4 Reasons Why You Should Consider a “C” Corporation
The United States economy represents the pot of gold at the end of the rainbow for many businesses around the world. Its citizens and businesses consume trillions of dollars in products and services.
If you’re planning for growth into the U.S. or you’re already operating there, you should consider whether an American subsidiary makes sense for your business. When U.S. operations have grown to a point that justifies creating a subsidiary in-country, there are four good reasons why most businesses choose to form a type of entity known as the Subchapter “C” corporation.
- Protection from liability. One downside of operating in the U.S. is the litigious nature of its residents. The creation of a corporate entity in the States helps to protect the foreign parent from many of the “slings and arrows” directed at commercial enterprises in the country.
- Financing. If your plans include getting loans from a U.S. bank, you will almost certainly need a U.S. subsidiary. Financial institutions in the states rarely lend to foreign businesses. Formalizing your presence in the country opens doors to financing options not available to businesses based outside its borders. As noted above, forming your U.S. business as a corporation also provides protection for your non-U.S. interests if the business has difficulty repaying the loans.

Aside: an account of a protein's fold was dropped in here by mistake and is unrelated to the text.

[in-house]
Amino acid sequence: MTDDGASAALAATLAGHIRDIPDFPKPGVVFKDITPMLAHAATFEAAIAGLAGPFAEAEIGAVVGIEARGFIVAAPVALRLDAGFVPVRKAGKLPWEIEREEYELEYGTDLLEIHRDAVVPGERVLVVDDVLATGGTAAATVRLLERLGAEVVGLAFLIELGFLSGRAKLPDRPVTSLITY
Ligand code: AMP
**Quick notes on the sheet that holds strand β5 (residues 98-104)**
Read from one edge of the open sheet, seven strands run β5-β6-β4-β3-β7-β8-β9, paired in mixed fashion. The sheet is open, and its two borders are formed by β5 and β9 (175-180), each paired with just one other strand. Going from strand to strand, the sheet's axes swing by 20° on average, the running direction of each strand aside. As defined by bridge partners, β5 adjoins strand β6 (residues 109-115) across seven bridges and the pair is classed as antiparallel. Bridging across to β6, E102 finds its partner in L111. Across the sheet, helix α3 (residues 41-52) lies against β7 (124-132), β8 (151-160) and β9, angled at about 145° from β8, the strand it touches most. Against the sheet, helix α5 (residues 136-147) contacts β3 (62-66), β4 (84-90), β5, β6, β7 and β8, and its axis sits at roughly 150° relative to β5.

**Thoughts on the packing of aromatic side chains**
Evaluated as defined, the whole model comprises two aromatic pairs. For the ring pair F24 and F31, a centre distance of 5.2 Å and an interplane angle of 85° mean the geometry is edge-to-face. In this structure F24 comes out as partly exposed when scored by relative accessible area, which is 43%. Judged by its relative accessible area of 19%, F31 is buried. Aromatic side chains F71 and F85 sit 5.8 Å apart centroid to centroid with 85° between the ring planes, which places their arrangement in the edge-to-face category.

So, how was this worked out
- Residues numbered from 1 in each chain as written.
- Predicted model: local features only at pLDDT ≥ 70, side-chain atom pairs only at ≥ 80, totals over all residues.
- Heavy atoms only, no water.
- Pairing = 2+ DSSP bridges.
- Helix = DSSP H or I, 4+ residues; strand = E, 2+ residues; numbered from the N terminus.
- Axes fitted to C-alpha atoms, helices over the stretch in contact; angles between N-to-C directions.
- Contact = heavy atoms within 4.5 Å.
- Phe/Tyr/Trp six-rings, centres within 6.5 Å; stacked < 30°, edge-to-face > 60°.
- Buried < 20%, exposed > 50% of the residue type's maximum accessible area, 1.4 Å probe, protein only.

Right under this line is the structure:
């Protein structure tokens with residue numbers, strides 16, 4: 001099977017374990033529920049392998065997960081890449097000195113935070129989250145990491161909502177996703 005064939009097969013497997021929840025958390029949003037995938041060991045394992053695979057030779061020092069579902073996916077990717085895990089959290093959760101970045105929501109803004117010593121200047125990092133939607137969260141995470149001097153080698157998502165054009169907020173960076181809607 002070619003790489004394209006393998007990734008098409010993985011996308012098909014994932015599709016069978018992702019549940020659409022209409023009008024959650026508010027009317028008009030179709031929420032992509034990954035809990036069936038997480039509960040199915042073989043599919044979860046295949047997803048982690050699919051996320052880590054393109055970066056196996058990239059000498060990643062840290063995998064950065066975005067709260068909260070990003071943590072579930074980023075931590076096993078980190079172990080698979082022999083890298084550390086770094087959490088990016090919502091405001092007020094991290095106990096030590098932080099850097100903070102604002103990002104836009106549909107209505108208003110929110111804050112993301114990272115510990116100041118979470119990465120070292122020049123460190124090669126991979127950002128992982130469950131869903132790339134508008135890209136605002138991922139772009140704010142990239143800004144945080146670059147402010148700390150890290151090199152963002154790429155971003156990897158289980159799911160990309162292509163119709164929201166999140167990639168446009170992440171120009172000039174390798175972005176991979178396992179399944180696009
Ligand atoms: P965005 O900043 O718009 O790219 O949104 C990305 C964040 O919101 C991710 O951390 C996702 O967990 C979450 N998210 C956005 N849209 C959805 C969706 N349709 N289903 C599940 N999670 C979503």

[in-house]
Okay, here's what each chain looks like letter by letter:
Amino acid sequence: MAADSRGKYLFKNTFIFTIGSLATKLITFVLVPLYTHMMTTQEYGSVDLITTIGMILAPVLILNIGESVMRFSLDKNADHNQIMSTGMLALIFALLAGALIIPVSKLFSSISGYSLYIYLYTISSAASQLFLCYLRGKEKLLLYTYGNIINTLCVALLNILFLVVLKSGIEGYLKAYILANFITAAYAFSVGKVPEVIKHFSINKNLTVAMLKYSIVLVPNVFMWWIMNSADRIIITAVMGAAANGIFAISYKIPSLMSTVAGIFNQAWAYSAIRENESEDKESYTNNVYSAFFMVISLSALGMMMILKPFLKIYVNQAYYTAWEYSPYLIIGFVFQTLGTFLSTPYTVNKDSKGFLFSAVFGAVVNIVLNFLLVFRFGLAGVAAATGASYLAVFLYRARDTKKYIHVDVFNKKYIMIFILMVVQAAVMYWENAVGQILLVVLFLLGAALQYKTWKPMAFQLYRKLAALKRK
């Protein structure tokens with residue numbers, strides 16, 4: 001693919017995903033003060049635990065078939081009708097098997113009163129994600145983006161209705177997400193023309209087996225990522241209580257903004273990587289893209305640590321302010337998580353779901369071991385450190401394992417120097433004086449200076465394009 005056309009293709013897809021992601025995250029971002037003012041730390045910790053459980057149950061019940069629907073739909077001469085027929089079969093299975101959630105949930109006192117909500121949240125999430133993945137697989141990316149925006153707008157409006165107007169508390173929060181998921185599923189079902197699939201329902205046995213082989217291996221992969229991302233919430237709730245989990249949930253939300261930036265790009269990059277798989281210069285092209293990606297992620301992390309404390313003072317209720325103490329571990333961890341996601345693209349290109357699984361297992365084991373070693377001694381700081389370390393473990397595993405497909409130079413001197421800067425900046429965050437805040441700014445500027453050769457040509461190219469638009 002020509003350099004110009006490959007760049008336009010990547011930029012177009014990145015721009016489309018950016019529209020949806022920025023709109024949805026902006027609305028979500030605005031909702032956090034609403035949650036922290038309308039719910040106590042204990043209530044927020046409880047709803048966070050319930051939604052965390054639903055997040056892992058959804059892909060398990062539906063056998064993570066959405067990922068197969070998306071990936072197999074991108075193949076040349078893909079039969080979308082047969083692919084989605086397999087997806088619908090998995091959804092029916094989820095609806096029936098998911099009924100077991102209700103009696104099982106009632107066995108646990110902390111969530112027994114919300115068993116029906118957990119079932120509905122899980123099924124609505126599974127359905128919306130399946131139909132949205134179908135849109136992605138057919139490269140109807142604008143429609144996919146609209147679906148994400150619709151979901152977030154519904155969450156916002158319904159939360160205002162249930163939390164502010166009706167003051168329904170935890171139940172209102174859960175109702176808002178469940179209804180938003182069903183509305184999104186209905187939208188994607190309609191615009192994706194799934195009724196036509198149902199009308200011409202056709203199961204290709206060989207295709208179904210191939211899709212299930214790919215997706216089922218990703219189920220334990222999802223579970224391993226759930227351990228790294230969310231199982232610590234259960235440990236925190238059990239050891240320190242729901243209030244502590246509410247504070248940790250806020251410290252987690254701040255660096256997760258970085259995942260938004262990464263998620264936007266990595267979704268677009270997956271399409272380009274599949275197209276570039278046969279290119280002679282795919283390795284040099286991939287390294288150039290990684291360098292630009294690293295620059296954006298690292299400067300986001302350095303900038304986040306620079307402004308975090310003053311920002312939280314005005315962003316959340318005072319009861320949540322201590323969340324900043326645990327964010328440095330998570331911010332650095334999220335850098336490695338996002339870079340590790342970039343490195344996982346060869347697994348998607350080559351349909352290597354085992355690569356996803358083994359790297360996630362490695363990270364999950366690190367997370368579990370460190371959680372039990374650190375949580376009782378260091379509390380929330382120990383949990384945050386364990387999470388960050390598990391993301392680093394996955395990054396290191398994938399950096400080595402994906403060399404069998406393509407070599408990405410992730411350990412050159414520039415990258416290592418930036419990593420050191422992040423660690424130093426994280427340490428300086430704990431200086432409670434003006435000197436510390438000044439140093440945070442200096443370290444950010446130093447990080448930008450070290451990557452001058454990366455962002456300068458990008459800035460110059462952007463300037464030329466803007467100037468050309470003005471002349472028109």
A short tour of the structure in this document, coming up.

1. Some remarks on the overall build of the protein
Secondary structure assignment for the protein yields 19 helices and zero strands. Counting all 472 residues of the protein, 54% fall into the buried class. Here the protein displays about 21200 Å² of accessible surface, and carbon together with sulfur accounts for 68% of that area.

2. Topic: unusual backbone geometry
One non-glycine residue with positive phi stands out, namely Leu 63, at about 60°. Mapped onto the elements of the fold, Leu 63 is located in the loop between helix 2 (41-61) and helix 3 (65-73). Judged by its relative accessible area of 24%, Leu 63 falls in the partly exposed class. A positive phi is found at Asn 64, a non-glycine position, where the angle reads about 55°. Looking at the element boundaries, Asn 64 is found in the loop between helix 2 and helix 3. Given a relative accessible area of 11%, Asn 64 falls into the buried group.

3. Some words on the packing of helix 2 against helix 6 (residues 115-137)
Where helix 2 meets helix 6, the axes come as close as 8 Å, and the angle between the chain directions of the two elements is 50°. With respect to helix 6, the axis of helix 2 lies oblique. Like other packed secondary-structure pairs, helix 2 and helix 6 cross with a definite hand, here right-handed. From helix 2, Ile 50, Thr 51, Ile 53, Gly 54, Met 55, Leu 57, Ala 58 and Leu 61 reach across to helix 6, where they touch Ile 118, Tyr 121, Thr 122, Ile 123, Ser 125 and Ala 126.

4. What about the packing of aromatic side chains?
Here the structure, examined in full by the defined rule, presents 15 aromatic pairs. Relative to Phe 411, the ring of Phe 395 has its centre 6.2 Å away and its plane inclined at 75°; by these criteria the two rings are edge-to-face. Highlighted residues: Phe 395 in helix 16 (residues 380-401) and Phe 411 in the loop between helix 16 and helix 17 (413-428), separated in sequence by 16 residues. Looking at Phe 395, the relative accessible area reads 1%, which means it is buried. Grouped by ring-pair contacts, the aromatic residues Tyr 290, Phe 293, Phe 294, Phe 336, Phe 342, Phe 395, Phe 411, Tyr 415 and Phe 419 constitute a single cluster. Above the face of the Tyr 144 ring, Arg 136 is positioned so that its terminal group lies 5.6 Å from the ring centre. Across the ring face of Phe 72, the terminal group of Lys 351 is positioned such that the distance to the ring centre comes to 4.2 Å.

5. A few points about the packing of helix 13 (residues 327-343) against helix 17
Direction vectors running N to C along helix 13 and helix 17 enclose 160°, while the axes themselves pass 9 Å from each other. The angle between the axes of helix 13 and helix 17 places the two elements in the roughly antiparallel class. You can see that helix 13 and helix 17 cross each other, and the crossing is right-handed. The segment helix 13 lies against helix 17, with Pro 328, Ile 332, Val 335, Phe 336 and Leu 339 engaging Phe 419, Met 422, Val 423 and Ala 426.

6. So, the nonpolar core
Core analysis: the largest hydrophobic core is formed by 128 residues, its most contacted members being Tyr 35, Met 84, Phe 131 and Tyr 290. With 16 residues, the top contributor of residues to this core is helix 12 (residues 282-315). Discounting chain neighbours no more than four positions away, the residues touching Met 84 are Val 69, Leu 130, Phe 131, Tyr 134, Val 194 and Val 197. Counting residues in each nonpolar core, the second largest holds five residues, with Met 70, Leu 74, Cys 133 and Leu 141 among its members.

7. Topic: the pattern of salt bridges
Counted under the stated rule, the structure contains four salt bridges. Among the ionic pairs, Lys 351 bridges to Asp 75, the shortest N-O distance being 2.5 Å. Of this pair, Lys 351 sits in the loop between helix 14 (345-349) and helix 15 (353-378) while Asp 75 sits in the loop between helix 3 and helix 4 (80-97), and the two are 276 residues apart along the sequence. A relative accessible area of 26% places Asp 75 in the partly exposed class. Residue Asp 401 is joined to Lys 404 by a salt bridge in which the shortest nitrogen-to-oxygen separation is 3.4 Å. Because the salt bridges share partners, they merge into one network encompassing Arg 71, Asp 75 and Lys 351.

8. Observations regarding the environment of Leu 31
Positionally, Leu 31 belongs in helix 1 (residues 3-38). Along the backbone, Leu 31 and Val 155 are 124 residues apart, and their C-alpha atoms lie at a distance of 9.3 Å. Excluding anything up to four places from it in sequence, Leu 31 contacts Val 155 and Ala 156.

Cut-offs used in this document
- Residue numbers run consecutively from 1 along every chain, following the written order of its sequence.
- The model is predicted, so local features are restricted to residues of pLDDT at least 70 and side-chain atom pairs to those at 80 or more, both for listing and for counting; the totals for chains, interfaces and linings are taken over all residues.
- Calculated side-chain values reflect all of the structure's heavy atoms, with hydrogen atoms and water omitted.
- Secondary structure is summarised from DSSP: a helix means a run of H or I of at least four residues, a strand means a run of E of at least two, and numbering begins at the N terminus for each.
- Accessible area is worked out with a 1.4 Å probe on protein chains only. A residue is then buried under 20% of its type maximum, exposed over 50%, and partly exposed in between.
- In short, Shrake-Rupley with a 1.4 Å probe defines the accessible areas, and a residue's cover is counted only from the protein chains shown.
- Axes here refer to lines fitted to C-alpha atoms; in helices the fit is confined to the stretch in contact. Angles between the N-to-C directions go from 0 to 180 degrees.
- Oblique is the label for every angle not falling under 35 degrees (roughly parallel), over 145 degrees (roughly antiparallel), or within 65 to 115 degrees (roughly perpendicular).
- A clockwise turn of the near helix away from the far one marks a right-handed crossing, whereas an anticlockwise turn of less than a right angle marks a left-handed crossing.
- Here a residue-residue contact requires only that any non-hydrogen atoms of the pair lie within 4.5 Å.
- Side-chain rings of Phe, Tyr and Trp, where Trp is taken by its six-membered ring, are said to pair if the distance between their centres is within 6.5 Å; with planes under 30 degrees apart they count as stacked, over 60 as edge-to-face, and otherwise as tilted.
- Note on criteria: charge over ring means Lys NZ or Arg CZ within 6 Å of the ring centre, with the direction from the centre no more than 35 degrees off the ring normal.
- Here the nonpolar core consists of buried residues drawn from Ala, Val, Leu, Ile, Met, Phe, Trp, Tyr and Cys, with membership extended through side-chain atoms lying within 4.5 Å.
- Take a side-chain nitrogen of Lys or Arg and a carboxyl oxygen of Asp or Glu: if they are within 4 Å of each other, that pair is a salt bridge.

- Returning capital to the foreign parent. Some argue that forming a pass-through entity in the U.S. avoids the double taxation that occurs when corporations are taxed once on earnings and shareholders are taxed again on distributed earnings. A corporation can manage this obligation through careful planning. The parent can provide loans to the subsidiary or perform back office support and other business functions. Payments made for such things serve the dual purpose of returning money to the parent and reducing the subsidiary’s taxable income.
- Tax impact to the parent. Multinational businesses are required to create transfer-pricing plans that set prices for inter-company transactions. Those transactions must be made “at arm’s length” to comply with the various countries’ transfer-pricing laws, and the more formal structure of a corporate subsidiary makes that standard easier to achieve.
While planning to create a U.S. subsidiary, seek out business advisors in your home country and in the states who are familiar with creating multi-national parent/subsidiary relationships.
They need to coordinate on the project to make sure that the new organization is structured in a way that maximizes efficiency, observes the rules of both countries, and makes every legal effort to minimize taxes and fees.
Once you’ve determined what type of subsidiary to form, the next question to answer is, “Where in the U.S. should you form it?” We’ll look at some of the considerations at the U.S. state and local level in a future post.
Top 100 CPA firm Freed Maxick can help you navigate the complexity of doing business in the U.S. Learn more here.